Read the full decision: Berardine v. Weiner
Pennsylvania federal court rules that the broker’s alleged agreement to reduce his commission was never incorporated into the purchase agreement and so the buyer could not claim a portion of the broker’s commission.
In 2015, a mother and her son (“Buyers”) began looking to purchase a commercial property in Center City, Philadelphia. The Buyers retained a commercial broker (“Broker”) to assist in their search, and he located an office building that interested the Buyers which was listed for $5.5 million. After the Buyers made an offer below the list price, the seller countered with a $6 million offer and said the offer would expire in 24 hours.
Angered by the seller’s price increase, the Buyers accused the Broker of not representing them properly during negotiations and asked the Broker to reduce his commission by half. The Broker negotiated a slightly higher commission, and the Buyers and the Broker agreed that the Broker would give nearly half of his commission to the Buyers at closing. The commission agreement was never reduced to a writing. The Buyers then accepted the Sellers offer to purchase the property at $6 million.
As the closing neared, the transaction settlement sheet was circulated amongst the parties. The Buyers noticed that the Broker’s commission sharing arrangement was not noted on the settlement sheet and so told the Broker that the sheet needed to be revised. The Broker ignored this request as well as subsequent requests. Three days before closing, the Broker told the Buyer that he was not going to honor the commission reduction agreement. The closing occurred as scheduled and the Broker received the full commission amount.
Following the closing, the Buyers filed a lawsuit against the Broker seeking the portion of the commission that the Broker had agreed to rebate to them. The Broker moved to dismiss the lawsuit.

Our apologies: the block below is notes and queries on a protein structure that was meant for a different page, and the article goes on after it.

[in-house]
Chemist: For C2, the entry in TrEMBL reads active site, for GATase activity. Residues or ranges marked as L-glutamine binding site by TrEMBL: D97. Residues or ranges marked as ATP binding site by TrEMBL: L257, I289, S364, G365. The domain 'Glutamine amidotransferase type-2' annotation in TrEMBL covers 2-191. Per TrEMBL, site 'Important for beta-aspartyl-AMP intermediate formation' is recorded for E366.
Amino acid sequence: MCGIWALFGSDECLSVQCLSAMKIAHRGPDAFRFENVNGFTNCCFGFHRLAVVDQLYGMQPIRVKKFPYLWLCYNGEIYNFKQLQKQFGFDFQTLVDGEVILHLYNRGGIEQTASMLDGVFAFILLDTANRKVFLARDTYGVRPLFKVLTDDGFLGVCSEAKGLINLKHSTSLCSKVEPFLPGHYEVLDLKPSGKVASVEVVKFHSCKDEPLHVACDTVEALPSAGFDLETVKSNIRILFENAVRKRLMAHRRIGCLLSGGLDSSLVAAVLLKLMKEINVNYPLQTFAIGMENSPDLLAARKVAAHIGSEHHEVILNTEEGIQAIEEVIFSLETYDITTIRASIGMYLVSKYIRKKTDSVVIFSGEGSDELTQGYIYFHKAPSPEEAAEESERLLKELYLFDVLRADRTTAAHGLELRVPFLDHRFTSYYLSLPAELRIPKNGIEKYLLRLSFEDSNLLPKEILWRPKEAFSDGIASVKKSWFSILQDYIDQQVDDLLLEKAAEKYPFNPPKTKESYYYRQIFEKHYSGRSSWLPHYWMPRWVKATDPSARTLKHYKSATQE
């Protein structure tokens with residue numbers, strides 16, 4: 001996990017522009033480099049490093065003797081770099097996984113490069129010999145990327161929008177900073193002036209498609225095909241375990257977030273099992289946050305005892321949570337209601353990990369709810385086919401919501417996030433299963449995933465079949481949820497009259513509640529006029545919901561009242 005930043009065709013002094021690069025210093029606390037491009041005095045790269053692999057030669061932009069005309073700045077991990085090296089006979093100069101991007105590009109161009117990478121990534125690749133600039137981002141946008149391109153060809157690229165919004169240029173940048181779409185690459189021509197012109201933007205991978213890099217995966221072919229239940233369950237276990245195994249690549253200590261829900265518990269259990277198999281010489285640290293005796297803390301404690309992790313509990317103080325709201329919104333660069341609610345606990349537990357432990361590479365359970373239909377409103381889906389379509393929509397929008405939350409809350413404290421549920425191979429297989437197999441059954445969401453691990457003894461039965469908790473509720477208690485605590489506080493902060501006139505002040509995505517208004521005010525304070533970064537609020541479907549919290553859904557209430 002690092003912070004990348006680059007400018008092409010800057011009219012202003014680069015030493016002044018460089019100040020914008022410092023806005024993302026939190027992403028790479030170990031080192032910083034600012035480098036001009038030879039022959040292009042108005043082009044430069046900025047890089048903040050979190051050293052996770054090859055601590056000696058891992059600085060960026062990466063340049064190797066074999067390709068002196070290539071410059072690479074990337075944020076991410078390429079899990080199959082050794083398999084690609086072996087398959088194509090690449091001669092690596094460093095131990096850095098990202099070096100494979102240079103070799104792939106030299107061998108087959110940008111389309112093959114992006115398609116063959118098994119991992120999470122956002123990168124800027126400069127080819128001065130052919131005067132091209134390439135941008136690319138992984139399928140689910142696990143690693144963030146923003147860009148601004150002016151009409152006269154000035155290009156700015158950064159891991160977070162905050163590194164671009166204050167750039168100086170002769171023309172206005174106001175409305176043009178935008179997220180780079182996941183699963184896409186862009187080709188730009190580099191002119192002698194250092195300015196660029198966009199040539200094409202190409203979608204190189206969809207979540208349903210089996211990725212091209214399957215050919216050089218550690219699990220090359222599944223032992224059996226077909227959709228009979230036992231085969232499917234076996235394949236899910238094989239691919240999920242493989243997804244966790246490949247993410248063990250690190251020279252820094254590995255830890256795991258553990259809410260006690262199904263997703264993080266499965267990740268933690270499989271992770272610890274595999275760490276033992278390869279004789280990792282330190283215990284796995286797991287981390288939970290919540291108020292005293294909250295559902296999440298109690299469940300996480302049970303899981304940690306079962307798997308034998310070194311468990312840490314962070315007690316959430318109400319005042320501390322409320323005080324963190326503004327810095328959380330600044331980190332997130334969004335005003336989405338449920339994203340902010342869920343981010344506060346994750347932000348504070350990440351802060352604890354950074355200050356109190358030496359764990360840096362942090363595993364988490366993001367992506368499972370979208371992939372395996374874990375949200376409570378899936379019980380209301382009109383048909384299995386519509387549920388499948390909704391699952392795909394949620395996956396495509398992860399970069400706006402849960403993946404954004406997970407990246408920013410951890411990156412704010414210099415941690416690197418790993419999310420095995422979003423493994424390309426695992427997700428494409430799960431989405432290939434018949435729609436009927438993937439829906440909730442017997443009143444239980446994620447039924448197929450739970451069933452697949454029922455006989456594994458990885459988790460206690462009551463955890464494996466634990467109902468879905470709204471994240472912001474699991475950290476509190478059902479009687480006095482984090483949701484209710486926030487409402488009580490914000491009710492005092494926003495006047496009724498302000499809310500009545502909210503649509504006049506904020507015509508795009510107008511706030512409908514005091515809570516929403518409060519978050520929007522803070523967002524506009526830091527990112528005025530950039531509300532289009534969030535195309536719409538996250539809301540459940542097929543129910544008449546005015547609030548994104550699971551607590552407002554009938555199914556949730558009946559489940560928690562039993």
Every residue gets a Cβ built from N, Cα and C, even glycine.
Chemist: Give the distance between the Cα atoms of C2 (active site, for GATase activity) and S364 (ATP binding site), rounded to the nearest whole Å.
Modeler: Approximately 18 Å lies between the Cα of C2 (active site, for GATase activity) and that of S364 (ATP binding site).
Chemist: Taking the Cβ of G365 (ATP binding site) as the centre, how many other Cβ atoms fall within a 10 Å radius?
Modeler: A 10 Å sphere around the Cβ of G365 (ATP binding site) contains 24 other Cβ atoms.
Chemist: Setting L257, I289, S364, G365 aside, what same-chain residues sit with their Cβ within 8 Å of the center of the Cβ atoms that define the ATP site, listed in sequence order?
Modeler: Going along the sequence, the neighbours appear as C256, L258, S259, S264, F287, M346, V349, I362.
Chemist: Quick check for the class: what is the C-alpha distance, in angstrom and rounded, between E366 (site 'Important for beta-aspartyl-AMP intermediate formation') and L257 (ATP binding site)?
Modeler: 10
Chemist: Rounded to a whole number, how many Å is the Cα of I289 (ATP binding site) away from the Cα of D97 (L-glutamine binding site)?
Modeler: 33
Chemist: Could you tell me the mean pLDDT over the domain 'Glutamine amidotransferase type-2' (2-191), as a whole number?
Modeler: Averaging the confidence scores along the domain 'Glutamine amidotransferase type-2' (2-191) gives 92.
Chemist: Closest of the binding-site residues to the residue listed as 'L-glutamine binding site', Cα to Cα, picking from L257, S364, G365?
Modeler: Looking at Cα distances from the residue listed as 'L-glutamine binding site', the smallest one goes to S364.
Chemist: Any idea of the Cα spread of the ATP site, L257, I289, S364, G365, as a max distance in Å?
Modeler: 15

The United States District Court for the Eastern District of Pennsylvania dismissed the Buyer’s lawsuit. Among other things, the Broker argued that the parol evidence rule barred the Buyer’s claims. The parol evidence rule bars pre-contractual agreements when these agreements are not incorporated into the final agreement, unless one of the exceptions to the rule is successfully demonstrated.
The court agreed that the parol evidence rule barred the Buyers’ lawsuit. The Broker argued that the sale agreement barred the oral agreement to split the commission with the Buyers, as the sale agreement directed payment of the entire commission to the Broker. The Buyers argued that the commission rebate was a separate agreement and so not barred by the parol evidence rule. The court determined that since the Broker’s agreement to reduce the commission was integral to their decision to enter the transaction, the Buyers should have insisted the commission rebate be included in the purchase agreement. Since the agreement was not included, the parol evidence rule barred the Buyers from raising this argument and so the court dismissed the Buyers’ lawsuit.
Berardine v. Weiner, No. CV 16-864, 2016 WL 3997244 (E.D. Pa. July 26, 2016). [This is a citation to a Westlaw document. Westlaw is a subscription, online legal research service. If an official reporter citation should become available for this case, the citation will be updated to reflect this information.]